Q: We recently had unfinished, brick-colored clay tiles installed around the stove in our kitchen. The installer did not put a sealer on them, and now there are grease stains on these tiles. There is also a film of grout (cement) over all the tiles. How can I clean them and what kind of sealer should I apply?

A: You shoud be able to wash most of the grout off with muriatic acid, and this may also take much of the grease stain out. You can buy the acid in paint and hardware stores. Dilute it with two or three parts water, mixing it in a glass or plastic bowl. Wear rubber gloves. Cover the stove and everything else nearby with plastic. Scrub the mixture on with a bristle brush, wait about 10 minutes, scrub again to losen the cement and rinse off with lots of water. If grease stains persist, scrub with a detergent solution. When the tiles have dried, apply a clear sealer of the kind sold for use on stone and terrazzo.

Q: The asphalt asbestos tiles on my kitchen floor are laid on a concrete slab with no basement underneath. I would like to put down solid vinyl floor tiles, but have been told that moisture from the concrete will push them up. Is that true?

A: You probably have vinyl asbestos tiles in your kitchen now. I don't think there ever was an asphalt asbestos tile. Many solid vinyl tiles are not recommended for installation on concrete floors that are in direct contact with the ground (called on-grade). But most vinyl asbestos can be used for this. Check with your local dealers for the specifications on the various brands they carry to see that can be put down over on-grade slabs. Don't worry about moisture if you have no indication of it before.

Q: I have a problem with squeaking hardwood floors on the first and second floors of my house. The floors are hardwood parquet. I have removed the carpeting and inserted brads and tenpenny nails, but the squeaks are still there. How can I correct this before new rugs are installed?

A: The brads you drove in are probably too small to do much good, and nails are useless if not put in the right places. Nails must be driven into the joints at about a 45-degree angle slanting inward so they catch the edge of the loose board and secure it to the sub-floor. This keeps from moving up and down, and that movement is what causes the squeaking noise. You can silence the squeak temporarily by squirting some white powdered lubricant -- even talcum powder will do -- in the cracks or joints between the offending boards. This will lubricate the edges enough to stop the squeaking noise -- but the noise may return when the lubricant wears off.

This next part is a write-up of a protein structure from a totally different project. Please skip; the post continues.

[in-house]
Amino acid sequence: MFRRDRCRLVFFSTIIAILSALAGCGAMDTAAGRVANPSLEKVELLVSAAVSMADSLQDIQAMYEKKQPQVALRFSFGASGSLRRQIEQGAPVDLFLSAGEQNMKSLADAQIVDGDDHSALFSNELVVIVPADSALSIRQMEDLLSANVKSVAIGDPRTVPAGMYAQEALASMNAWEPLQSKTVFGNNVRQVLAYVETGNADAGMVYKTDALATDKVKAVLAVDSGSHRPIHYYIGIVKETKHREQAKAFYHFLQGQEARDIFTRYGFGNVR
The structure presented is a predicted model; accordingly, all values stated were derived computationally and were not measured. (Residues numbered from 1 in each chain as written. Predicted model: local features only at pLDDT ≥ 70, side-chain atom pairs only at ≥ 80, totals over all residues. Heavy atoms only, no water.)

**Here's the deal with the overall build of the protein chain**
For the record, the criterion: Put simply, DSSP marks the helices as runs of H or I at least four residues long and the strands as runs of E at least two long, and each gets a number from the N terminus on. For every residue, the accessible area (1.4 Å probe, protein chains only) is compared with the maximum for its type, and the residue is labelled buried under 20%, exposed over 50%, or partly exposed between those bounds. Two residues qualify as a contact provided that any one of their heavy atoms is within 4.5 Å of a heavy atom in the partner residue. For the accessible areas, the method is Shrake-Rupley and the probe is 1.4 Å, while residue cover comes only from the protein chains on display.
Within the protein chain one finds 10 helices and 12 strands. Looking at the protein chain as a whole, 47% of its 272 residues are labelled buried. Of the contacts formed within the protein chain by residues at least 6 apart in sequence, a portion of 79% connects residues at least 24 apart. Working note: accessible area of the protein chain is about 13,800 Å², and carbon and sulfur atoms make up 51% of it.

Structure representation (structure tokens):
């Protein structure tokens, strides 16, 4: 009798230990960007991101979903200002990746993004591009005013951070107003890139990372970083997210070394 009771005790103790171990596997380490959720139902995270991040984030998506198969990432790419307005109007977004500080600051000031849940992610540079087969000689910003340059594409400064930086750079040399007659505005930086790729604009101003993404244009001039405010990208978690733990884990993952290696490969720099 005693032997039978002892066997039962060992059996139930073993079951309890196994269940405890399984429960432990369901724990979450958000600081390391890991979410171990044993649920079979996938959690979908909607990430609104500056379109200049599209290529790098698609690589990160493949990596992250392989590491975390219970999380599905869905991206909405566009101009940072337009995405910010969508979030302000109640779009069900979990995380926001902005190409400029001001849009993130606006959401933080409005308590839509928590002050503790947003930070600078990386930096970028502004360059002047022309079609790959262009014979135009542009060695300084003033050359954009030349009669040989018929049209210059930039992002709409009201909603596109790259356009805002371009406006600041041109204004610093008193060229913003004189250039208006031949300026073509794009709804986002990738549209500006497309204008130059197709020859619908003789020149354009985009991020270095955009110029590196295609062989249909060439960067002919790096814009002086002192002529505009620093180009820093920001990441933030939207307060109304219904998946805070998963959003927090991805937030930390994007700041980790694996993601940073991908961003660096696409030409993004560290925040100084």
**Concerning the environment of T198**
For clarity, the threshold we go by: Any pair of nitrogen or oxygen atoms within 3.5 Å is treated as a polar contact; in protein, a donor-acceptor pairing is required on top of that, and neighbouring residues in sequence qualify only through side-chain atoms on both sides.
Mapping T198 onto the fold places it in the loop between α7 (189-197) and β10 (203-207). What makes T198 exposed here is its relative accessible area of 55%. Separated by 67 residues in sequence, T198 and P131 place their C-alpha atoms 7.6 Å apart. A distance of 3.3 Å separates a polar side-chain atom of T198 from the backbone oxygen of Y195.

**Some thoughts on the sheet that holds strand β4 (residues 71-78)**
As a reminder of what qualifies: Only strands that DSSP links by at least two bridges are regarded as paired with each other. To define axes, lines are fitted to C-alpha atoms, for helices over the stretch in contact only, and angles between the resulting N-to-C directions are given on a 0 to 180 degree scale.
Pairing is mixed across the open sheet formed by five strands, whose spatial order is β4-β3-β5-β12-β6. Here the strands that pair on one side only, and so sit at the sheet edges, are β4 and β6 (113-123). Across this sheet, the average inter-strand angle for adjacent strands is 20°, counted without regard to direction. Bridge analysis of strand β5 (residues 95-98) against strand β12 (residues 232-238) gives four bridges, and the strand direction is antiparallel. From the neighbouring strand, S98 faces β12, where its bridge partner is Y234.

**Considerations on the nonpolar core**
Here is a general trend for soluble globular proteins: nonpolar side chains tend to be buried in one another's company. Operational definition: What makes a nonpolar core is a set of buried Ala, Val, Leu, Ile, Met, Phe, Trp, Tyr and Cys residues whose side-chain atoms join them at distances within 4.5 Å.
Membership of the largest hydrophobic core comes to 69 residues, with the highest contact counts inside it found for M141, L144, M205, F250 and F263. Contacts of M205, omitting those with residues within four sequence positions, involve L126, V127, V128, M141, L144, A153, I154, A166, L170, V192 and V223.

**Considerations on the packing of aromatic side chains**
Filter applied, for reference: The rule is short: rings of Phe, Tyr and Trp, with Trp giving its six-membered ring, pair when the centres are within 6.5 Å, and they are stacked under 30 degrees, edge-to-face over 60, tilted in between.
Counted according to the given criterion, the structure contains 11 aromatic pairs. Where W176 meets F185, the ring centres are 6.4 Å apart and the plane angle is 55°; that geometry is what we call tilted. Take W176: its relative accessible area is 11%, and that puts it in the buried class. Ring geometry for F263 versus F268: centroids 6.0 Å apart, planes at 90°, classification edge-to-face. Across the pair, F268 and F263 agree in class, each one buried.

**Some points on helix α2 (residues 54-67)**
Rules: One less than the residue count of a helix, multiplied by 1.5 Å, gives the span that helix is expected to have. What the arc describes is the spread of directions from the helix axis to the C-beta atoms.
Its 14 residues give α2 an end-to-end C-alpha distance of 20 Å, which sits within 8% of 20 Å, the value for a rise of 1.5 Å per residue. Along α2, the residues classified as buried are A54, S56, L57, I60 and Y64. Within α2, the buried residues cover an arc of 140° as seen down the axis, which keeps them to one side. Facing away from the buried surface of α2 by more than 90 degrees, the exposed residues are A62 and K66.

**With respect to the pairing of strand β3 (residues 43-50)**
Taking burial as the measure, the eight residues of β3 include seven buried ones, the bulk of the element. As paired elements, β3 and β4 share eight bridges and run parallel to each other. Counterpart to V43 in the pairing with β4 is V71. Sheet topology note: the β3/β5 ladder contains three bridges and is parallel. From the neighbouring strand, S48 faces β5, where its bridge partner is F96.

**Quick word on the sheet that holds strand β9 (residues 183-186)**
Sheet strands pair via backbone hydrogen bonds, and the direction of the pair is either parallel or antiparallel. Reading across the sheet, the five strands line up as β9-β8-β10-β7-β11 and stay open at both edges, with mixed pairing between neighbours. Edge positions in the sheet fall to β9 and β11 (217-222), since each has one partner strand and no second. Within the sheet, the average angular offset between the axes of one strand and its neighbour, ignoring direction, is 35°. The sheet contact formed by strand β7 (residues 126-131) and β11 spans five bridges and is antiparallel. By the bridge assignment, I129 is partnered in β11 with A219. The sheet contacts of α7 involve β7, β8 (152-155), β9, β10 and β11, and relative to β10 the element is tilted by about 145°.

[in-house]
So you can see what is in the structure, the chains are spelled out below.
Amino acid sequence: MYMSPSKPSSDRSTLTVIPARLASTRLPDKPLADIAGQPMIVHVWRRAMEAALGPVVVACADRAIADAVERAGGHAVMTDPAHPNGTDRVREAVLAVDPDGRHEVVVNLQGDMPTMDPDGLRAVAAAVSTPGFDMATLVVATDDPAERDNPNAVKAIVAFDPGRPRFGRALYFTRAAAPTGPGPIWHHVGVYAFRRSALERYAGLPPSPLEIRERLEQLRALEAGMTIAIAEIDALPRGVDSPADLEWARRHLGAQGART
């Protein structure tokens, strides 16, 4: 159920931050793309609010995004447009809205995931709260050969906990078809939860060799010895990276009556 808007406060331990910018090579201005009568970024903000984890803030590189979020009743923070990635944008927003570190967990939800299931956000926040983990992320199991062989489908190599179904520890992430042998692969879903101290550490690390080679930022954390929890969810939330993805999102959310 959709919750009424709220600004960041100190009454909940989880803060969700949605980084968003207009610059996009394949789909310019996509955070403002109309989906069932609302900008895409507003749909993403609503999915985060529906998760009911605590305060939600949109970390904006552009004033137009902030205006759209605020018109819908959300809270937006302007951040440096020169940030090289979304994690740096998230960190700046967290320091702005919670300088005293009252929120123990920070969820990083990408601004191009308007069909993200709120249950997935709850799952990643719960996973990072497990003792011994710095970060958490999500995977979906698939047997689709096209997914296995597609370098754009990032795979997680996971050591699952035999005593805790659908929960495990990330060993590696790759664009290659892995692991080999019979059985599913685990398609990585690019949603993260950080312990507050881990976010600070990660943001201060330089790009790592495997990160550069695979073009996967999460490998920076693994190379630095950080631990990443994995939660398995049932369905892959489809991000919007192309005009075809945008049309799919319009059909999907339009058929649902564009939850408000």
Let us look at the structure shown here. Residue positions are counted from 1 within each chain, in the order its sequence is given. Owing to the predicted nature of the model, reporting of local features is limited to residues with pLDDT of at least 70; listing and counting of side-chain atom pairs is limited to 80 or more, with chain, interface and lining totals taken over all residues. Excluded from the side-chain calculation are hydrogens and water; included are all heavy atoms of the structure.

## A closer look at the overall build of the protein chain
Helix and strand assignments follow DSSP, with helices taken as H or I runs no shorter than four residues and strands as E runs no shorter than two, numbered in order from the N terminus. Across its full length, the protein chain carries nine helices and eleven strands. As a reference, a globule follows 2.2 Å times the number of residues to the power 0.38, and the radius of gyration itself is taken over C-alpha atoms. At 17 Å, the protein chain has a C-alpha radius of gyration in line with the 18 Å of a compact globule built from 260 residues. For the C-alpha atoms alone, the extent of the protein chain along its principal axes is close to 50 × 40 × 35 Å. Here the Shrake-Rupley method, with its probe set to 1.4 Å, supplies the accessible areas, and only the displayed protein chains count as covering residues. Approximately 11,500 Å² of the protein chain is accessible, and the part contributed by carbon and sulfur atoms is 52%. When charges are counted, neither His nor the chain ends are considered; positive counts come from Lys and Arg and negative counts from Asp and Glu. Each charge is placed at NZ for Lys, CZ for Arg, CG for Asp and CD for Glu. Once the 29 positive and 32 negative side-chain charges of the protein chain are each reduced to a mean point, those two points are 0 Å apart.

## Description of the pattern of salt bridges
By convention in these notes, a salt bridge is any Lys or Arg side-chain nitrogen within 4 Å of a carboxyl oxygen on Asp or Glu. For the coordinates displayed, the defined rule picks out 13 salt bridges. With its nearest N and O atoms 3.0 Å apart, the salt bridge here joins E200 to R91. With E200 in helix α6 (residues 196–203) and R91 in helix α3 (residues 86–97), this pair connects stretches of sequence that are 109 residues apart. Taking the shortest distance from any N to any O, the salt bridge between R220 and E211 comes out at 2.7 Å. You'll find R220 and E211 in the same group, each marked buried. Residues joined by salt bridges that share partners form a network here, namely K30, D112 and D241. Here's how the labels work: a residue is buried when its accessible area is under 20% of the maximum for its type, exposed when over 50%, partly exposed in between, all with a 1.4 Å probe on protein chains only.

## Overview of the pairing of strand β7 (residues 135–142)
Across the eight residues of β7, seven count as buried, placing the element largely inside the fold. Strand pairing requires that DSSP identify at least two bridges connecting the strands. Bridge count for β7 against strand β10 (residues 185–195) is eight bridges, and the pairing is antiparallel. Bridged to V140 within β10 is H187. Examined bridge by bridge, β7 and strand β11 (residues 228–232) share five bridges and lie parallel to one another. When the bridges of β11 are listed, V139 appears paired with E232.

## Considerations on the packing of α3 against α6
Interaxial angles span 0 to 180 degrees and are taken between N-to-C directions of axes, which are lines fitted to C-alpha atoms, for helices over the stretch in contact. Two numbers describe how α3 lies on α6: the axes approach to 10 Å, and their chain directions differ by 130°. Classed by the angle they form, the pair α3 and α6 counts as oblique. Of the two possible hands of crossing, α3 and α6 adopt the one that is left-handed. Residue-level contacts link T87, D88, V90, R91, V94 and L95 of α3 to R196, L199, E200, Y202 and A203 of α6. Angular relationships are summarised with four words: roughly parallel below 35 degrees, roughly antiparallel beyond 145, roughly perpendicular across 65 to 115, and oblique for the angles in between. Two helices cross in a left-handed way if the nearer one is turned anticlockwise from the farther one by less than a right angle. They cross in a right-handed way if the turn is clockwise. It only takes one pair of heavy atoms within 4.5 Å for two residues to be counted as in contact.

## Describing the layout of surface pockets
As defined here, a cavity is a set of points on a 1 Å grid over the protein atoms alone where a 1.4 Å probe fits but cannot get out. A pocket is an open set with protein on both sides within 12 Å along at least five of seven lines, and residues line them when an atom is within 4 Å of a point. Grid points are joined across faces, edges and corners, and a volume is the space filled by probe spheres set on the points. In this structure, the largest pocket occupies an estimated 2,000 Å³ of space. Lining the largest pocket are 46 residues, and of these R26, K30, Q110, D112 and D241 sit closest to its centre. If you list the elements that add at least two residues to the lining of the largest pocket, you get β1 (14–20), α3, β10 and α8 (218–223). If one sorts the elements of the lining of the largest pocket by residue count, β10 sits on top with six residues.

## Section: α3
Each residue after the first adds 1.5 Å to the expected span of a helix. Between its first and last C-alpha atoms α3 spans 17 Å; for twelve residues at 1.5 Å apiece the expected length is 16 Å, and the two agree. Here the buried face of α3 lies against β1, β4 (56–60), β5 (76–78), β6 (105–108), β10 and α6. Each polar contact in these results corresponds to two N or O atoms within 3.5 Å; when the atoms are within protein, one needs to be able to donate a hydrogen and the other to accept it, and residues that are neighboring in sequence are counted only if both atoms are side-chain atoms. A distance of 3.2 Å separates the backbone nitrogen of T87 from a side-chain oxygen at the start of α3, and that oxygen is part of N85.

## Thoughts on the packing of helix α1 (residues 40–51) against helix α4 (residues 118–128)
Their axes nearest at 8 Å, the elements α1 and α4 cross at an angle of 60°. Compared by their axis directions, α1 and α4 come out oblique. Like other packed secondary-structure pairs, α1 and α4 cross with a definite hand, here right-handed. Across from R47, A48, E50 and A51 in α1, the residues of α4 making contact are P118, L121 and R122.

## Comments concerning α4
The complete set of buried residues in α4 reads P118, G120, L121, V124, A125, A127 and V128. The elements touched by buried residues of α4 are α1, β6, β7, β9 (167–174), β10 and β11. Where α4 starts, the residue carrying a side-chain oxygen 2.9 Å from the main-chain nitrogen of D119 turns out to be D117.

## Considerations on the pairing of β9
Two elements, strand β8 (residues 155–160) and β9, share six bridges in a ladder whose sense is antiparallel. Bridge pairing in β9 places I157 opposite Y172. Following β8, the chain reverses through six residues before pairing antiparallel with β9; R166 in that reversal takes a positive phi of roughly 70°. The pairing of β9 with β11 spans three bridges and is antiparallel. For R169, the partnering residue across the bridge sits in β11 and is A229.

Q: We are moving into a condominium where the ceilings have a textured finish. They still look fine, except for occasional flaking. There is asbestos in the finish. Should we remove it before repainting?

A: I wouldn't worry about it. Scrape off what is loose, then prime with an alkyd-base primer-sealer. Finish with any flat or alkyd paint.

Q: Our hot water comes from coils inside the boiler of our heating system and this water does not seem to be hot enough for us even though the temperature is set at the maximum of 180 F. We have been told that the water in our area has a great deal of rust in it that builds up in the coils. We were also told that a chemical cleaning of the coils would improve the situation. What do you think of this idea?

A: The water in your area is no more rust-laden than any other well-maintained water supply. It does come from wells, so it may contain more chemicals than in some other areas. At any rate, the type of tankless hot-water heater you have eventually builds up a scale or chemical accumulation in the coils that will affect the hot water supply. Cleaning the coils with chemical works sometimes -- but not always.

In some cases the condition is so severe you may have to completely replace the coil. There is one other possibility: These systems ususally have a mixing value on the boiler that adds some cold water to the hot as it comes out so there is no chance of scalding yourself accidentally. This also increases the volume of hot water available. for the shower, etc. Have a plumber check this to make certain it is set properly.